Does ginger help nausea?

Have you heard that ginger can calm an upset stomach? Here’s what the evidence says.

“There’s strong evidence that ginger can help with nausea and vomiting from motion sickness, morning sickness, and cancer chemotherapy,” says Suzanna Zick, a research associate professor in the Department of Family Medicine at the University of Michigan.

Motion sickness

Researchers sat 13 (brave) volunteers with a history of motion sickness in a large drum one at a time and spun the drum for up to 15 minutes. If the volunteers took 1,000 milligrams of ginger an hour beforehand, they had less nausea and recovered more quickly from their motion sickness than if they took a placebo.

Morning sickness

Among 99 pregnant women who were experiencing morning sickness, those who took 125 mg of ginger four times a day for four days reported less severe nausea than those who took a placebo, though the authors noted that the effect seemed to wane after the second day.


In a study of 576 cancer patients—most had breast cancer—those who took 500 mg of ginger every day for six days, starting three days prior to chemo, had less severe nausea during the first 24 hours of treatment than those who took a placebo.

“As a result of studies like this,” says Zick, “the Society for Integrative Oncology will recommend this year that cancer physicians consider using ginger to help control nausea and vomiting during chemotherapy for breast cancer.”

What to do

If you want to try ginger, Zick suggests taking 250 mg (about 1/8 tsp.) of ginger powder twice a day. (You can scoop it right out of your spice container.) More might cause gas, heartburn, or even make nausea worse. Take it with a meal if it gives you GI discomfort.

Finding a good-quality ginger supplement can be hit or miss. One in three products that tested for its subscribers in 2016 contained lower levels of ginger’s active ingredients than the label promised.

What about ginger ale? “You’d have to drink a lot of it,” says Zick. Canada Dry has no more than 24 mg of ginger per 16.9 oz., according to

A good alternative: ginger tea. Grate or thinly slice a piece of ginger the size of your thumb (from knuckle to tip), and steep it in boiling water for 10 to 15 minutes.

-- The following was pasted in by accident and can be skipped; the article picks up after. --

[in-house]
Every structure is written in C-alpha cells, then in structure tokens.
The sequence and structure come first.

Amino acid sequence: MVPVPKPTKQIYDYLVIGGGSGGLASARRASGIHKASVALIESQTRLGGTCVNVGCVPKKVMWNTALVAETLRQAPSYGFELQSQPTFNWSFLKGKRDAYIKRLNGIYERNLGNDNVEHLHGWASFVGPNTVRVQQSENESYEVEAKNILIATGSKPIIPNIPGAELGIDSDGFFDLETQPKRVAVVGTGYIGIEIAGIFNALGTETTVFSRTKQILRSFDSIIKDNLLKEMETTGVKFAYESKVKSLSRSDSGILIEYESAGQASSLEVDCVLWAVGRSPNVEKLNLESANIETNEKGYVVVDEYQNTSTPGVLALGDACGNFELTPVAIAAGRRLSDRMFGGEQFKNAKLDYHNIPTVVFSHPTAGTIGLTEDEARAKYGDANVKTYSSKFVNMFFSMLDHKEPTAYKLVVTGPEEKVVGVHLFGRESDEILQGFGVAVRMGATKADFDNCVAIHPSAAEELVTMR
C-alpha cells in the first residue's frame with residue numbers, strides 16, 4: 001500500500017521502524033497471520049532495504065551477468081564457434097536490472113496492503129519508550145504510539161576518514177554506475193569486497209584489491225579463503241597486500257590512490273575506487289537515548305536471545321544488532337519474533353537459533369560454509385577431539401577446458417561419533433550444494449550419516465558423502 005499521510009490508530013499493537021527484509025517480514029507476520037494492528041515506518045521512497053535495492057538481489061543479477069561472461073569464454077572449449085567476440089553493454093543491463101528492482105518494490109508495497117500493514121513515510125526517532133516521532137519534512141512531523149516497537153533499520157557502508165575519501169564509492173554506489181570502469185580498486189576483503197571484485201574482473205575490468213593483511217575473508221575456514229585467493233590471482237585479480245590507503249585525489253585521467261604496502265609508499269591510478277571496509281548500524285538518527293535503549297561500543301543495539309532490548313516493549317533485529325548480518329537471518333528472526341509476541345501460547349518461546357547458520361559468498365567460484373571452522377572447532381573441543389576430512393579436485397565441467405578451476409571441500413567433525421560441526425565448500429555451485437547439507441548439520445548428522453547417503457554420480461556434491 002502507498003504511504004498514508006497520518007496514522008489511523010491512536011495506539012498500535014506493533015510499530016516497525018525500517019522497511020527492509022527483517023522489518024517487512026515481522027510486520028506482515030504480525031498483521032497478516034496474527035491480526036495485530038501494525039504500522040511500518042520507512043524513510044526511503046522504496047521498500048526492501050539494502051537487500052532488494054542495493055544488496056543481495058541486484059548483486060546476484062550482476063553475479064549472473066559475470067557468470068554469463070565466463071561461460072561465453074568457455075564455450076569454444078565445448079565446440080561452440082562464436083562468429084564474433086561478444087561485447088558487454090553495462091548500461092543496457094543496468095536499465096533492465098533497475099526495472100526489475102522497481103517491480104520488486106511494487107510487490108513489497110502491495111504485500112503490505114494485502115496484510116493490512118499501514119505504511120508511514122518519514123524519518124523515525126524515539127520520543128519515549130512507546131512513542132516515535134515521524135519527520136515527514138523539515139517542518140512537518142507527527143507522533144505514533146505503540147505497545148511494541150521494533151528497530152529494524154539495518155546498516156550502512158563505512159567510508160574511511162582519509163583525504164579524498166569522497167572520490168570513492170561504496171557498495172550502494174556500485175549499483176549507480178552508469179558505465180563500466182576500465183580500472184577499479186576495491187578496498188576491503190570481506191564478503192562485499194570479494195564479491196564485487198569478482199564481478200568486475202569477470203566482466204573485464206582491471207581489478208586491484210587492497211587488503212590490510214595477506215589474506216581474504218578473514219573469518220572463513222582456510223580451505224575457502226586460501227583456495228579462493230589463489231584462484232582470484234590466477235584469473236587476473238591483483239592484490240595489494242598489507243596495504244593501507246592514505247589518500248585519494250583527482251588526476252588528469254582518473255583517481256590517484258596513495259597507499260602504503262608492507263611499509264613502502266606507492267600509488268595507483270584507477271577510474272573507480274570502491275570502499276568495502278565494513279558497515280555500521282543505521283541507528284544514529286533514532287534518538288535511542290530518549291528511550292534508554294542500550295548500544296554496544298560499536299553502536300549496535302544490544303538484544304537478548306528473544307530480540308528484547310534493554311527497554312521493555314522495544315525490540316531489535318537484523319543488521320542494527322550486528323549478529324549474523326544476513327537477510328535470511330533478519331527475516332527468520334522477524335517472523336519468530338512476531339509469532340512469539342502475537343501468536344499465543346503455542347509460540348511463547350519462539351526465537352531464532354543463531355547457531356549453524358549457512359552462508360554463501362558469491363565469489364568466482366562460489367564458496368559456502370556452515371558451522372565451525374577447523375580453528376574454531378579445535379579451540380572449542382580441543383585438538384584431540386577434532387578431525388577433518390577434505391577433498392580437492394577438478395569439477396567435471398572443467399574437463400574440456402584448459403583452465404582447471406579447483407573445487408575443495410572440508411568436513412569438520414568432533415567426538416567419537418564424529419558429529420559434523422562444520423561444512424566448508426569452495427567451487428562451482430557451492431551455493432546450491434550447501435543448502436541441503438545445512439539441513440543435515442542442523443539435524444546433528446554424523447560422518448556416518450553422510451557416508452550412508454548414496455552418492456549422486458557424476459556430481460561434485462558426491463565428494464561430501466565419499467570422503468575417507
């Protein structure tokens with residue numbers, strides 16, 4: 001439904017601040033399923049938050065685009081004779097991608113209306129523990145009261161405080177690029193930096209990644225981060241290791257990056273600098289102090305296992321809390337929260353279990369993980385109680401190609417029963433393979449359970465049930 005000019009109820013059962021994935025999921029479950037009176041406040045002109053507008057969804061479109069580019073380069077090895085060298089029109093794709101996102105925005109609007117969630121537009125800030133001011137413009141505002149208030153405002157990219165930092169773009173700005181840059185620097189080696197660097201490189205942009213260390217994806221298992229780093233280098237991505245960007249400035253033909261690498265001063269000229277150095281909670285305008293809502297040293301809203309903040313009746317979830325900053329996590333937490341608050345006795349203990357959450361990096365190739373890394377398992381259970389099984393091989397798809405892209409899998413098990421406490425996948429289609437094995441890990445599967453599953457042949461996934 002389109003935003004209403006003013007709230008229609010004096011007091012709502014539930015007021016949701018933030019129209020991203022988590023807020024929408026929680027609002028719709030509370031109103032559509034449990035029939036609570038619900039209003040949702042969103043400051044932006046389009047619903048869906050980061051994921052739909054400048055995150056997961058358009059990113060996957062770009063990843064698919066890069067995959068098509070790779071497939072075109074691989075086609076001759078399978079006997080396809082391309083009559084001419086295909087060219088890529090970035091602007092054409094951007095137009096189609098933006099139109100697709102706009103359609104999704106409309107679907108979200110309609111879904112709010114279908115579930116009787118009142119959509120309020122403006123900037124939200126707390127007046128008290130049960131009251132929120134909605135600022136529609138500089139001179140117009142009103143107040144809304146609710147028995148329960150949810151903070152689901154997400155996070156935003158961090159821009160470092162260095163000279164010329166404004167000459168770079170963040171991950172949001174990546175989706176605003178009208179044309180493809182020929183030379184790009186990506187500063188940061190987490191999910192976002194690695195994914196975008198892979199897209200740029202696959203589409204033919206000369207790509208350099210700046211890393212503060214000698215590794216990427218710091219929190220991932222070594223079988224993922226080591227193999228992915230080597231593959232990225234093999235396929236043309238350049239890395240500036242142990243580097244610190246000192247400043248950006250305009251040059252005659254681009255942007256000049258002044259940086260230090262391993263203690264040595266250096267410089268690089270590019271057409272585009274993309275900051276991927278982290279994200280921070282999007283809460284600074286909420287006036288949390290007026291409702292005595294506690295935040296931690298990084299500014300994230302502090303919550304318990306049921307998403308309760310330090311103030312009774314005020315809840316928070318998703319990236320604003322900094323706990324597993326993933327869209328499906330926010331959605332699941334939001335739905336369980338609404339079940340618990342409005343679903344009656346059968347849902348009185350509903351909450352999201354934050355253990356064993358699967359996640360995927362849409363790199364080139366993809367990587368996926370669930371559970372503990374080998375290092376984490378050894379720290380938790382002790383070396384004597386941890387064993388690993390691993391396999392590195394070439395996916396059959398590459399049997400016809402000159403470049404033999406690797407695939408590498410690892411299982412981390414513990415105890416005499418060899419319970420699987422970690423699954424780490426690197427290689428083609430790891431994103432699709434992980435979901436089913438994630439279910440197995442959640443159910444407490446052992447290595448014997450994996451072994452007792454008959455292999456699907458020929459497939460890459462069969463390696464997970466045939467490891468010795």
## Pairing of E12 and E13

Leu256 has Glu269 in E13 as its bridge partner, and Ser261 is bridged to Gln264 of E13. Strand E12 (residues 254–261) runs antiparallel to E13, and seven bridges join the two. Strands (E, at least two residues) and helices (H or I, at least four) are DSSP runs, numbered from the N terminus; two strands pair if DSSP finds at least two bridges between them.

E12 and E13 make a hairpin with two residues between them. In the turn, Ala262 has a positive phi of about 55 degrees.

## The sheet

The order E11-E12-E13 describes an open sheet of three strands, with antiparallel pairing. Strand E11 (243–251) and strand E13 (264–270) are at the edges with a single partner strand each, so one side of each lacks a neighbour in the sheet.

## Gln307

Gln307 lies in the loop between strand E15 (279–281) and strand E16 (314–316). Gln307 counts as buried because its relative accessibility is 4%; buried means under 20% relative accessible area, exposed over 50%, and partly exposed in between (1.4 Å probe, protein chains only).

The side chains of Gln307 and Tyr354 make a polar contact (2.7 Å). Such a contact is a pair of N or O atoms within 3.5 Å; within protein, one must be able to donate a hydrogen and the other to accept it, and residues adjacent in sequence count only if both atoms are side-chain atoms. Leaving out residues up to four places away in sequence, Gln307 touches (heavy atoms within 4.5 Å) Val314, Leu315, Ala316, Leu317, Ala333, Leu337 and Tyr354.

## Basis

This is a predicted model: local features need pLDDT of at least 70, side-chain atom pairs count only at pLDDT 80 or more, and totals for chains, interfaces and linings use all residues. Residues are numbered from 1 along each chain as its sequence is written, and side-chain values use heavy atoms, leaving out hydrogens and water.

The information in this post appeared in the June 2017 issue of Nutrition Action Healthletter.

Photos: © Jultud/, © aboikis/

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5 Replies to “Does ginger help nausea?”

  1. You never said (how) to ingest the powdered ginger. Do we just dump the powder straight in our mouth twice a day, put the powder in warm or cold water, or sprinkle it on our food or does it not matter?

  2. I have 20 years experience with using ginger for nausea of all sorts… and find that the best and cheapest form to use it is grated ( frozen works best and keeps the root from spoiling) into boiling water and made into a tea ( iced in summer) together with honey and lemon. delicious and works almost immediately and for a long time. I also like to keep some candied ginger around ( car) to eat when needed as is. I find no use for dried ginger in capsules… for all the reasons mentioned already. I suspect that the powder is too concentrated and may cause the reactions while some of the very effective essential oils get lost in the processing. As always nature knows best…

  3. The side effects warning should include the fact that larger doses of ginger can cause severe intestinal pain in some people. Before discovering the danger of eating several slices of candied ginger a day, I was hospitalized with such severe, undiagnosed intestinal pain that morphine and intravenous feeding was required to get me through the ordeal. My error was to increase my intake of supposedly digestive soothing ginger in an effort to ease the early pains.

    1. I grew up living with my grandma who was born in Canada in 1858. whenever we had an upset tummy she would make us ginger tea – 1 tsp. powdered ginger, 1 tsp sugar, in a cup of hot water.
      Stir and drink when cool enough to handle.
      i am 81 and still use that for an upset tummy.

  4. Hello,

    The research you sited here is more than 5 years old (one article from 2012, and 2 from 2003). Do you know of any newer studies on this subject?

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